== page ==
The Daily Messenger from Canandaigua, New York on July 12, 1939 · Page 1
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The Daily Messenger from Canandaigua, New York · Page 1

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Wednesday, July 12, 1939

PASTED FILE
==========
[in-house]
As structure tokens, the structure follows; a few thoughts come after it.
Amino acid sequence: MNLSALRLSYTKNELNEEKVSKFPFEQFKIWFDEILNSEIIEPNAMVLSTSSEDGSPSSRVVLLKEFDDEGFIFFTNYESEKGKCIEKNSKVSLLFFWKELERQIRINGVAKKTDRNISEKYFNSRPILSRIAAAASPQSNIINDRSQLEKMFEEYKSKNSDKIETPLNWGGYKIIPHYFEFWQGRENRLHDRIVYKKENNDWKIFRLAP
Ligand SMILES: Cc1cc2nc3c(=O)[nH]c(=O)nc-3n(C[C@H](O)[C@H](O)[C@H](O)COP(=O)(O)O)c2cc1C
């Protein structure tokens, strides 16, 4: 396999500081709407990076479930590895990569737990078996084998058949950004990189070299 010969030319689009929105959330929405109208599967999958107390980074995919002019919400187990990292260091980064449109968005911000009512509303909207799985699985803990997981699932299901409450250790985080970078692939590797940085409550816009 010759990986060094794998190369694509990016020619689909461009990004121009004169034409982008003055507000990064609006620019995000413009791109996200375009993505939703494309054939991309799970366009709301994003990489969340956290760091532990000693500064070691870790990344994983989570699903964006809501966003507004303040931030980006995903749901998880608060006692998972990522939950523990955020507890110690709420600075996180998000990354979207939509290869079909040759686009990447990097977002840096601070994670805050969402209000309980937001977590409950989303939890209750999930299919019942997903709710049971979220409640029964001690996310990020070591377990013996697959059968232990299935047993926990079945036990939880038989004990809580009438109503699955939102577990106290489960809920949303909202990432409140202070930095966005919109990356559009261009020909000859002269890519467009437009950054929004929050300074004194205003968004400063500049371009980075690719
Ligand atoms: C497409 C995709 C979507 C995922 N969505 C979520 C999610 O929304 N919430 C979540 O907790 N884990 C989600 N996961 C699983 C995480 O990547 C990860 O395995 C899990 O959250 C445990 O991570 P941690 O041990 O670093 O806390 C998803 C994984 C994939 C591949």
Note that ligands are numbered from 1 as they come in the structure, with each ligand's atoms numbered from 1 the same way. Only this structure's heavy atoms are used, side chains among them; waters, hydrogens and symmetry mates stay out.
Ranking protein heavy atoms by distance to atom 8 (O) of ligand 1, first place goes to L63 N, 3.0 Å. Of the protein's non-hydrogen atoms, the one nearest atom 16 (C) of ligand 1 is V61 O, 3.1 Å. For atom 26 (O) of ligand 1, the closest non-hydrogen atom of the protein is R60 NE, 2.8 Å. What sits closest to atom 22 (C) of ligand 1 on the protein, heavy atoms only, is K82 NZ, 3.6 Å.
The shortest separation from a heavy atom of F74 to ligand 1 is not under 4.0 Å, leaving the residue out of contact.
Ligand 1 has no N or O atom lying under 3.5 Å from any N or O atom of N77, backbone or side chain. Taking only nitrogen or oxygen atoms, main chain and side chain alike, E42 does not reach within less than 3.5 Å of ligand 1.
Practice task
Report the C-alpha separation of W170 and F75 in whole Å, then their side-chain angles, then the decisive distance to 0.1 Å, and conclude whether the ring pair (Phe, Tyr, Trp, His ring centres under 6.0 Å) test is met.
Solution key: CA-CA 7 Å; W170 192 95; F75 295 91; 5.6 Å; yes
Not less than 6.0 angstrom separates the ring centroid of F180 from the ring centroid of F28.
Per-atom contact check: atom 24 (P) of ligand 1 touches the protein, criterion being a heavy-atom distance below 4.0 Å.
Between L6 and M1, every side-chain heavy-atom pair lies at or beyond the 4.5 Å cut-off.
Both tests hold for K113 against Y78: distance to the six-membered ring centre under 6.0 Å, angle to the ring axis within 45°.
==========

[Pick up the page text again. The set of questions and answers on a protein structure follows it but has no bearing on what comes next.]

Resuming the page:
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'·»·* 25,000 S2L. More Ontario Cwnty n»*m thu ·uy other Ontatlo County Established in 1797. Vol. 142.--No. 161. The Weather Fair toniffet ami rofioWQ vjr ivCfii UIH Thundar nltfit; winter CANANDAIGUA, N. Y., WEDNESDAY, JULY 12, 1939. Single Copy, 3 Gents FDR TO ASK NEUTRALITY LEGISLATION WPA Ruling Gets Support Of New Deal NEW YORK (JP) -- Major Ed- niond H. Leavey, acting WPA administrator, announced today that 4,784 dismissal slips had been mailed to construction workers absent since Wednesday from their jobs, presumably because of the protest against the new relief act. WASHINGTON (JP) -- The administration's strength appeared today to be aligned solidly against any modification of the new law re- World's Fair Parachute Holds 2 Aloft Five Hours NEW YORK W)--A pieasute- sreking couple who dangled lor five hours on a board seat 125 fecu above ground a!, the World's Pair parachute jump were rescued at dawn today after two daring mechanics eul the jammed guide wire held them captive. The aerial prisoners were Mr. am! Mrs. J. Cornelius Rathborne, socially-prominent couple of old Westbury, Long Island. Their parachute, one of 11 in operation from the 250-foot tower. va.ck at 10:25 P. M. (EST) lait night. They finally were rescued at 3:3 : J A M. (EST) after mechanics attached a rope to the parachute, cut the jammed cable, and lowered th:; quiring WPA employes to work 1301 ' C i, u t e a few feet at a time, on the hours a month. President Roosevelt told reporters yesterday that he thought the administration would stick to the ex- j isting statute. He said he knew nothing of attempts to alter the law, j except what he had read. Oificials of APL building trades unions, seeking to restore the prevailing wage hourly rates on WPA projects, said they had received no encouragement from Democratic Leader Rayburn. Bills have been offered to carry cut this revision, but Rayburn said the unions would have difficulty in obtaining action on them before adjournment. WPA workers on strike in an attempt tc persuade Congress to change the law face a deadline set by col. P. C. Harrington, WPA corn- three remaining cable? into spread police nEt. A crowd numbering in the thousands stayed up until dav:n lightened the eastern sky. then let loose a rtverberating cheer as the man and woman were carried to an ambulance. They were taken to an emergency hospital on the fairgrounds but refused medical aid and drove away in their own car. The woman, who in the eany hours of her plight shouted jests to the throng, wanted to walk away, but police picked her up. Rathborne! who said he was a polo player, buckled at the knees as his long or- Balkan Pact Strengthens Hitler Axis BELGRADE, Yugoslavia (JP) -Plans for a virtual alliance of Bulgaria and Yugoslavia took shape today in apparent furtherance of a German project for a "Little Axis" including those two Slav nations and Hungary. Countries of this projected "little axis" stretch 750 miles across ! Southeastern Europe from the Alps | tc the Black Sea and have a coiii- j bined population of nearly 32,000,000. I Hungary is linked with the Rome- reward- of two daring mechanics. Berlin powers in the anti-comin- Karry Mitchell and William Gertis. | tern pact. Since 1936, Nazi lead- deal ended. He is 32, Mrs. Rathborne 25. Mechanics Risk Lives Prolonged cheers alsc were the This Plane's 'Pickatop of Auto' Type IM'NUTT NAMED FOR ABILITY, FDR DECLARES WASHINGTON (IP) -- President Roosevelt's insistence that administrative ability instead of politics dictated selection of Paul V. Me Nutt as federal security adminis- v ho performed impromptu human- fly stunts in attempting to free the corner of the parachute. Gertis. a Chicagoan, rode the 'chute to earth when it finally was freed. Gertis is a former mail-carrier, and Mitchell a one-time steeplejack. ers, including Field Marshal Hermann Wilhelm Goering, have worked to bring Yugoslavia and Bulgaria together in a south Slav bloc under German influence. Regent Prince Paul of Yugoslavia and Premier George Kiosseivanoff Gertis. who risked his life atop I of Bulgaria, both of whom had the disabled parachute to keep it a l l visited Adolf Hitler in Berlin rear/ even keel in its slow, dangerous descent, praised the courage of the two passengers. cently, joined Monday night in announcing the formation of a "neutral front" of the two countries "in "Both were perfectly okay at ail I t n e Dest interests of Balkan free- times," Gertis grinned. "As for me I didn't have time to get nervous." Mitchell, whose nervy nonchalance atop the parachute tower kept spectators on edge for hours, said niissioner. who ordered dismissal of chances for the Democratic presi- those who stay away from their jobs j dential nomination. trator failed to stop talk in politi- I Mrs. Rathborne had been "swell." cal circles today that the appoint- j "She got a little jumpy at times, but most of the time she kidded me." ment had increased the Indianan's five consecutive working days. As the deadline was reached for many of the strikers, there were these developments: Indications were that the justice department would invoke penal provisions of the new relief act against WPA strikers attempting by force or threats to keep other relief workers from their jobs. Three United- States, marshals stood guard over a WPA project in Minneapolis from which a group of demonstrations yesterday ousted workers with cries of "Quit work." Attorney General Murphy said the Bureau of Investigation was going into the Minneapolis situation to determine; whether violations of iederpl criminal satutes were involved. All WPA administrators were called tc meet today in Chicago, but Col. Harrington made it clear the conference was planned before the strikes started last week in many sections of the country as a protest against the 130-hour requirement. Harrington said the Chicago meeting had no connection with the strikes. Senator Mmtpn (D-Ind) New Deal supporter, declared after the President had discussed the "background" of the appointment at a press conference: "I think McNutt will do a job that will be so satisfactory the Democrats won't want anyone else." A highly-placed Democratic senator of the "old-line" school, who asked not to be quoted by name, said he thought McNutt would be "satisfactory to the anti-Roosevelt Democrats." McNutt said he would withdraw if Mr. Roosevelt runs again, b u t [ f i e e _ The parachute jump, one of the ircst popular amusement feature". oi the World's Pair, was devised in I!s34 by Commander James II Strong for training flyers in the basic principles of jumping. Not Used By Navy A few are privately-owned in this country as amusement devices, and several have been placed in foreign countries. None is used by the U. S. A: my or Navy, however. An electric motor is used to hoist the captive parachute to the top of a 250-tower, which has a beil-shap- ed crown, so the "chute crm fall dom." In Bucharest it was pointed out j that neutrality of Bulgaria and, Yugoslavia might mean that Ru- · mania would be cut off in time of need from land routes to Turkey I and Greece, which like Rumania have received British - French pledges of aid. Program Outlined Today Bulgaria and Yugoslavia were said to have revived an old project for virtual union of Slavic peoples of the Balkans, with Kios- seivanoff placing before his cabinet a program which included: 1. A Bulgarian - Yugoslav cus- I toms union; ; 2. A common policy by the two | nations in foreign affairs; | 3. Collaboration in developing | foreign trade; Student Pilot William McCune picked the top of an auto to land his plane and managed to escape serious injury, but Mrs. Anna Keefer, driver of the car, was critically hurt. This freak collision, which'hap- pened in Alhambra, Calif., came about when the pi ane fell short on a landing to a nearby airport and hit the car, heading: out of a parking lot. '. added that he saw no reason for calling off friends working for his nomination. His appointment to the $12.000 security job -- he is now getting $18,000 as high commissioner to the Philippines -- was on ihe Senate calendar today, with administration leaders predicting quick confirmation. Acting with unusual speed Chairman Harrison (D-Miss) of the Senate finance committee polled the committeemen yesterday a few hours after the nomination had been received from the White House. He found them unanimous in approving it, Meanwhile, politicians debated whether the 400 JOBLESS IN BUDGET SLASH ALBANY -- A poll of mcs- state departments indicated today permanent employees "out of a job" as the result of reduced appropriating under the new $390.000.000 state budget will toal less than 400. The survey was made as Governor Lehman signed without comment the revised budget section making appropriations to departments, which the Court of Appeals ^-invalidated because the Republican .t?islaUvc- majority in pruning $7.000.000 from lire executive's recom- nu·ndatior.s. substituted "1 u m p .sums" for nis itemized proposals. The new budget. S25.000.COO less ^^ tl?an the spending plar. suggested. R ; cl ^* su-omaffneV from the New by the Democratic chief executive for 1939-40. became operative as of July 1, when the new fiscal year :»«· The passengers sit on a broa-.l board, to which they are strapped. Guy wires are designed to keep the 'chute spread at all times to prevent side-slipping. Except for these v.ires, the 'chute falls freely to the earth in 15 seconds alter the 58-sec- cnd ascent. The amusement area was thronged when the parachute stopped suddenly halfway in its swiit descent, It apparently jammed against one ol the four cables wh.ch keep it spread, said J. L. Mott, vice president oi the International Parachuting, Inc.. which operates the concession. Mott explained the motor opeiat- then jammed In CIO THREATENS GENERALSTRIKE ON POLICE ACT Jap Navy Notifies Consuls Of 3 New Fukien Blockades 4. Possible cession to Bulgaria of I , 990 square miles she lost to Yugo- · slavia after the World War. PONTIAC. Mich, (JP) -- State; police moved into Pontiac today j General Motors strike duty j amid threats from the United Auto i From the German viewpoint a j Workers Union (CIO) that a city- j Yugoslav - Bulgarian - Hungarian' Wide strike might tie called because' bloc could be a diplomatic weapon O f the "interference." The trouble spot was the Fontiac plant of Fisher Body Company. to threaten Turkey, Greece or Rumania. The bloc might also serve to enable Germany to keep Italy in line scene of violence Monday and Tues- i day when non-striking employes j should the Fascists show signs of attempted to get through the picket . weakening. The virtual finish of the Balkan Entente of Yugoslavia, Greece, Turkey and Rumania was seen in the fact that Yugoslavia is en- Bulgarian government. The Balkan Entente pact was line. Several persons were injured. State police officials were reluc- j tant to discuss their plans but it was understood that 120 troopers' bad been assembled in and nea gaged in negotiations with the , p ont iac. They Kept out of sight, in | line with their policy of making' no show of strength until called directed against ^Bulgaria and pro- ; upoll bv local officials f 0r help. re p orted t j iat the t ro0 p er with gas bombs and SHANGHAI (JP) -- The Japanese navy notified United States and other foreign consuls today that it was blockading three additional Fukien Province ports - beginning' Saturday and would not be responsible for safety of third power vessels at those ports thereafter. American and British officials were expected to give the same notice they have giver, previously -- that they would hold Japanese responsible for damage to property or injury to their nationals. The ports to be blockaded are Chuanchow, Tungihaw and Chaoan A few American missionaries were believed to be at Chauii- chaw, but none at the other ports. No American vessels arc involved. BRITISH, FRENCH SLATE NEW AIR POWERDISPLAYS McNutt to a position 'with super- j a!a, and it became imposutile vision over thousands of federal j tower or raise the stranded coupie. employes in every state and millions of dollars in appropriations and grants, had given him a free hand to campaign for the presidential nomination on the side. The President told reporters yesterday there was no mention of McNutt's candidacy at the conferences at which the appointment was offered and accepted. Two Submarines Aid In Sub Salvaging Kt said the parachutes had made 150.000 drops without an accident since the fair opened in May. Sensing an unexpected thrill, spectators quickly gathered arounu the jump until the entire area was packed. They cheeied as iiremen rigged a lifenet beneath the swaying couple and guffawed when a loudspeaker, over which encouraging words were shouted to the stranded pair, boomed ou*: "Don't worry, everything is safe." vides that no signer can engage in ! It political negotiations with her , were without the consent of the others, i nightsticks. One reason was that Bulgaria de- } At xuesd: manded territorial revision--includ- At Tuesday nights meeting of the Pontiac City Commission. Robert ^ .^ » . A. VJlll-*fctVy X^»1.J ·v'Nf »«»""«.«J»v"« .»w»i» v ing the return of warlost Dobruja, Poe president of tne Pontiac In- MINER SLAIN IN HARLAN RIOTING from Rumania and the return of Thrace, with its Aegean sea outlet, from Greece. HAIL MILK VALIDATION \ ALBANY VP -- State officials, today hailed Court of Appeals vali- We are trying to confine the strike dation of the State's 1937 Rogers-' to Fisher Body- Allen milk control law already re- from spreading." -- One miner four others "including a national I guard officer, in a Harlan mine LONDON (/P)- --.Britain and France, having entered cross-channel aerial maneuvers as part of a consolidation of their aerial might, were reported today to be considering flights to Poland and other allies. The British press delightedly, des- jcribed yesterday's initial round-trip excursion of 200 Royal Air Force bombers to French territory as a "flawless performance"' and an important "demonstration to the world of British-French solidarity." The British flight will be followed by a return visit from French warplanes with more or less regular shuttle trips to follow. i The London Daily Mail said that I other British allies, chiefly Poland, j would be taken into the scheme af- iter details had been worked out. French and British anti-aircraft .forces were tied into the exercises, i with reports to be exchanged on the theoretical results of their "fire" on crch other's aircraft. Preparing another splurge of Bri- Backs Hull Peace WASHINGTON iff) -- ;'Pr Roosevelt soon, may send a message to Congress, formed senators said toiay,-b*ek- ing up his appeals for rieutralfty legislation at this session, The chief executive Jolj£JMJ»tiers yesterday that if a foreign. war should break out before the pNMOt law was revised/ Ooatfew ^foUSi find it extremely difficult to take such action. He spokf tahortly after the senate foreign npttrtKHB committee voted 12 to ll.-.,fi» defer the neutrality problem until, the next session. · . -- .W-^rv..; In making it dear that the administration would continue to push for immediate consideration,. : ilc. Roosevelt endorsed the six-point peace program advocated, by. Secretary Hull earlier in the; dayi : ^ This program would retftili we munitions board, bar. Anfrrhan ships from combat nmee, inUiul travel of Americans in such sones, require transfer of :tttle WL.Jnqjli sold to belligerent* before-shfc- ment, continue restrictions-en tana and credits-to warring nation*, and regulate collection of funds vftr belligerents. ;. ;; "~VvS- Thus it would abandon the pm- ent arms embargo, which the House recently voted to; retain. :£ modified form. ';.-- : ~ : :',"". of planes, diistrial Council (CIO». general walkout might be railed { if the state police were used a.s j wounded. "strike breakers." He said: guard ofi.v,,... ... - -: *,,,,,,,- ~ n .t "Unless something is done q«:r-k- carlv todav and two hours later a '.saints. ^ ps J"l° ,,,, ,,,,- ,,_« ly the whole city may be tied up. j union miner and his mother were including War SecretaryLeshe Hore- wounded on the streets of Harlan dation of the State's 1937 Rogers-; to Fisher Body and the keep it j by the Gov. tour of inspection of the the placed by a revised act. as "reassert- '· The commission indicated it was : on a ing the government's right" to con- helpless in view of Governor Luren trol the states $2.000.000.000 dairy D Dickinson's orders to the statr Eastern Kentucky mountain flood area, ordered two tanks and a industry. PORTSMOUTH. N. H. -- Two cpcneci. The Governor also signed bills shifting a $077.000 item for relief arrived at the navy yard today to assist in raising tin .sunken submarine. Aniahis. tomb of 26 men who perished when the fighting craft went down miles off the coast May 23. administration and $80.000 appro- 1 Working with smooth deliberation prialcd to the education depart- i lhe tj s. Navy sought to complete menl. which the court foiind im- proncriy located in the G. O. P. Youth Named Boys State Governor SYRACUSE «V-George Schrcin- er of Buffalo, newly elected governor Oi the Empire Boys" State, nas his 151 own ideas of how to erase polities' squabbles. TREASURY REPORT WASHINGTON £*--The position of the treasury on July 10: Re- A prehistoric trade route has been ceipts. $14.867.428.85; expenditures, traced by geographers, running ac$35.808.611.86; net balance. $2.727.- cross Europe from Denmark to 019384-29. northern Italy. budget., and 31 special appropria- lions which had previously become mm the the arv preliminaries necess- before the sunken submarine Squalus and her ghostly crew of 26 law. DIE IN PLANE COLLISION lifted from Davy Jones j locker. Laboring throughout the night CLUJ. Rumania ^) -- Thrfc mil-. itary planes collided in mid-air to- day'and thf three pilots were killed. The accident u-as attributed to poor visibility. ADJUST VOW /oAW SIGNALS AHEAD the busy salvage crew had at least' three definite jobs to finish before the first lifting effort could br made but officers said the attempt might be made tomorrow Three tasks were: Looping a heavy chain around the Squalus' bow, attaching two pontoons to the buoyant for- i ward section and making a final" check of attachments and connections. Elected yesterday on the Fr-dcr- alist party ticket. Schreiner xsid on? On" his first official duties would fc? 1-3 appoint, his Nationalist phrty 935- prncnt. Robert Halliday of Bros:x- \j;3c. state commissioner oi public T.orks. T3ie governor led his ticket in lino t'oting. 360 to 261. as the J^tate cipeia- cti under direction of Khc Atr-eric^n Legion at the New Yorl; State lair- Bridges Defense Asks Submission Of Reports «By The Associated Press* Safer Test CINCINNATI -- A young woman here prefers to rely on machine- age methods to lest the status of her affections. Clerk ol Delfctives Norman Diehl said a girl called him and asked if the police department had a lie detector. Told there was one available. Diehl said she replied: "I'd like to take a lie detector lest to find out if I'm in love." She didn't, 3ca\'c her name. Nazis Hit Arms Display _ _ BERLIN VF) -- The mass flight police^Tuesday. The governor said i number of machine gun units into O f British bombing planes over he was displeased with the hand- '· Harian county immediately. France and French newspaper corn- line of the strike by Pontiac police. | The governor said two additional me nt on the demonstration brought I ' companies of guardsmen already i fl fl^ of angry headlines in the are on their way to reinforce the approximately 300 militiamen on dutv here. The .shooting was flic first outbreak involving troops which has resulted in casualties in the current labor strife in this Eastern Kentucky ioft coal Jicld. It at the Manan-Ellison Coal Company's mine on Calron's Creek, five miles srnjtmvest oi here. Major Fred staples in command of militiamen, .'·aid more than 30 shot? were fired at miners by an ambushed group on a nearby mountainside. press today. /,5oli Hitler newspaper VocJkischer Boebacbler inquired: "Is acquaint- nncesbip with the German air force . desired?" Ali Berlin papers quoted the corn- is to the effect that occurred 1hJ , British-planes had a radius of action which "could confront the j*'pula1ions of Nuernberg, Leipzig fr,a Hamburg with eventualities vbich could be suited to inspire rea- . Studies Mr. Roosevelt took up the,. six points one by one and,- in A: serious manner emphasized the lack of existing law to achieve ftelrolkfec- tives. Present .law, be siui; provides for the munittoM h^rtt ttrt does not cover the other points.' ' State department bffltiWlt later the President had been informed in two' imtinom l .,- i nie law, they said, J«*-*«n o«**» to belligerents and pVdhibtts. ipiain» j funds in the United «·»« lor them* : , , Talcing cognizance of talk of a probable early ment of Congress, Mr.." said that if it goes hotnie voting on neutrality legistttttltt. it i would mean no action WOaSA · taken until next Spring. He asized that although the session starts in January, ation of the question woold Uk« several months. . . . . .;.. . Should there be gr*w international developments in~thp aiem- time. Mr. Roosevelt said, even · special session would invohre action after trouble had started., .; 45 Ofpne Bffl ·;-^--, Informal conferences o/' senit* leaders disclosed, meanwhile/ that any motion to take the nOUrJOitar question out of the hands of w Foreign Relations committee bring it directly to the ably would be defeated. Johnson (R-Calif) said senators who had subscred-4a * statement opposing the neutrality bill had grown to 45. r The effort to take up the issue at once lost in the committee yesterday when Senators Genie (D- Ga) and Gillette (D-lowa), both opposed by the admlnistmtan to their campaigns for rem|n last year, sided with the tion. George said he cast his Mtiiot to favor of a delay because he thMtfit it was "perfectly fuiile" {pjitfonpt to get legislation throufh tbte congress. Gillette said he believe* It «·« unwise to consider changes 1^ Ite law because of unsettled vorld conditions. He said it was postMHe that the threat of a EunpMB w*r might dissolve, and added: "Maybe we can legislate on neutrality then instead of putWtty." Railroad Uses Manpower To Posh Cars In Siding WATKINS GLEN tJPh-The Pennsylvania Railroad turned to manpower to clear its tracks of four freight cars following a derailment. An engine pulling the cars of! a siding was derailed yesterday. The cars were uncoupled and 100 men pushed each back onto the siding, Th« engine was placed back on the track within five hours although the main line service was not disrupted. SAN FRANCISCO at Harry Bud.cer 3t- NEW Welcome. Pal HAVEN. Conn. -- Louis portation hearing asked totSay thai j Bli,menstein. complaining witnes in an assault case, appeared in City Court minus a tooth, with both eyes L?ure.nce Milner. retired Oregon National Guard major, procure, a, 1409 reports he said hf had com-i blacked, a freshly - stitched cut j-jilcd in his probe 01 alleged radical i in his walp and his body rnart-.ed activities in the Pacific northwest. jby bruises. These reports, contended Richsro' His condition resulted. Blumen- Glad-Mein. "attorney lor the west I stein said, from an altercatien in coast CIO director, contain material j "The Friendly Tavern." v.hich would be "impeachment of' tinis witness out of his own mouth." Milner. who has termed Bndges a I No Tk-krls Fixed ; SEASIDE, Ore. -- Police Chief H 1 A. Kemmerer has done a good job jOf training his men in impartial 1 law enforcement. Patrolman Al Hinshaw arrested Kemmerer for overtime parkin-: and Police -}udpe Gault fined the chief a dollar. Too Xicc CHICAGO -- George Petty, rren- t'pr ol those, lovely. siir-amlmH tills in the magazine illustration.-, painted a poster for the American Legion convention here this Fall but he did too pood a job. He depicted a slim, trim drum majorette, with not too m;nv.' clothes, saying "Meet Me in Chi- caeo," Legion executive fommi''.lT i e- mrn ^Tinned, then said "a-hem." and decided they'd /elect a poMf-r with a more somber lone, a uniformed soldier, sailor and marine. Count Grandi Named to Justice Minister Post Bar Association Hits Unit's Bill Of Rights ROME ',T-- Count Grand!. I/err: f;ijlr'(3 hnrnr 1n reTjj;.cr -Im-'''.' Minister Arrigo Solmi who has just SAN FRANCISCO 'J 1 ' -- Expressed upposition to the American Bar Association's year-old bill ol rights committee was expected today as Grenville Clarl:, Nra- York, chairman 'Of the committee reviewed its accomplishments before the house The official announcement today , 0 f (jelegatcs. Robert Carey, of Ncwarlc, N. J., announced before the opening of the convent-ion he would see): a curb on the committee's operation or its complete abolition on the ·»· he basis of its appearance in the TiTde- vice ly-knr/yn -'-Hague caw'" in Ner Jer- "very able member of the COTI- nuintet party," said he had 77 sepa- latc reports relating to Bridges, gathered while working as a Nation- a Guard undercover agent, Gm Shy DENVER -- G-Man Fred H. McGeary of Kansas City, Kas., reported to police that thieves had taken his pistol and a movie camera from his car while it stood in a parking tot. Lonely OMAHA, Nob. -- Nebraska has a one-man WPA strike. \V. G. Davt«. Omaha laborer, ihe only man in the state reported cm strike, said no reason lor the in. cnr of the leaders of the st- march on Rome, had bec^n issador i n London since July 2f. Ift32. Biiorr faV.ir.? the London -/a.- parliamf-niari" drtu 1 y/rr.-HJcni of the old Chamber of Dr'WAc'F. ;mc3fr5f-fTelary of intc-r- ior". undfTsecreiary of foreign affairs. ORDER* ITAAL LAW PKOBE ALBANY '.-?' -- Gov. Lehman to- ;r ordered an extraordinary term somebody had to take the lead. His ! 01 Supreme Court to convene Aug ·wife said: "If Bill hadn 1 -e;;r! 21 at ilhara to inquire into ^.ny and newspapers he never I done this." would have all violations of the penal law"" Tompkins County. in In a letter to felloe members of the house of delegates. Carey sai6 the committee's action in intervening in the United States Supreme Court battle in which the com! at behest of the CIO invalidated an ordinance allegedly curbing free speech and assembly would cause the Bar Association to "to sought cot is cals." a window dressing by raft- New Friendship Hated In Latin American Visit WASHTNGTCW *» -- The iffM or official visits to Washington by Latin American leaders hM vinced federal officials that · spirit of friendship exists not only between the United State* and Its neighbors to the south tout also among the Latin American repub* lies themselves. . Five civil officials and fowrmte from Latin American nation* h**» come here within the kwt six months -- Colonel Pukjencto Batfe- ttu Cuban *rmy chieftato; President AnasUsio 9omoza of Nicaragua; OswaWo Aranha, forebm minister of Brazil: former PreaMait Rafael Trujilto of the Domintcar: Republic, and OenenU Goes Monteiro. chief of st*0 of the Bnufltfm aimy. Chilean Mmtoter of Fl nance Wachholtz is due here this Avttitan Two of the visitors, Aranha of Brazil and Sonwta of Hsmrtfua. signed agreements for the extension of American credit* to taMsr Uxtr currencies and asMst tht flow of United States exports to tM* tries. All th«»ii««ont Jillo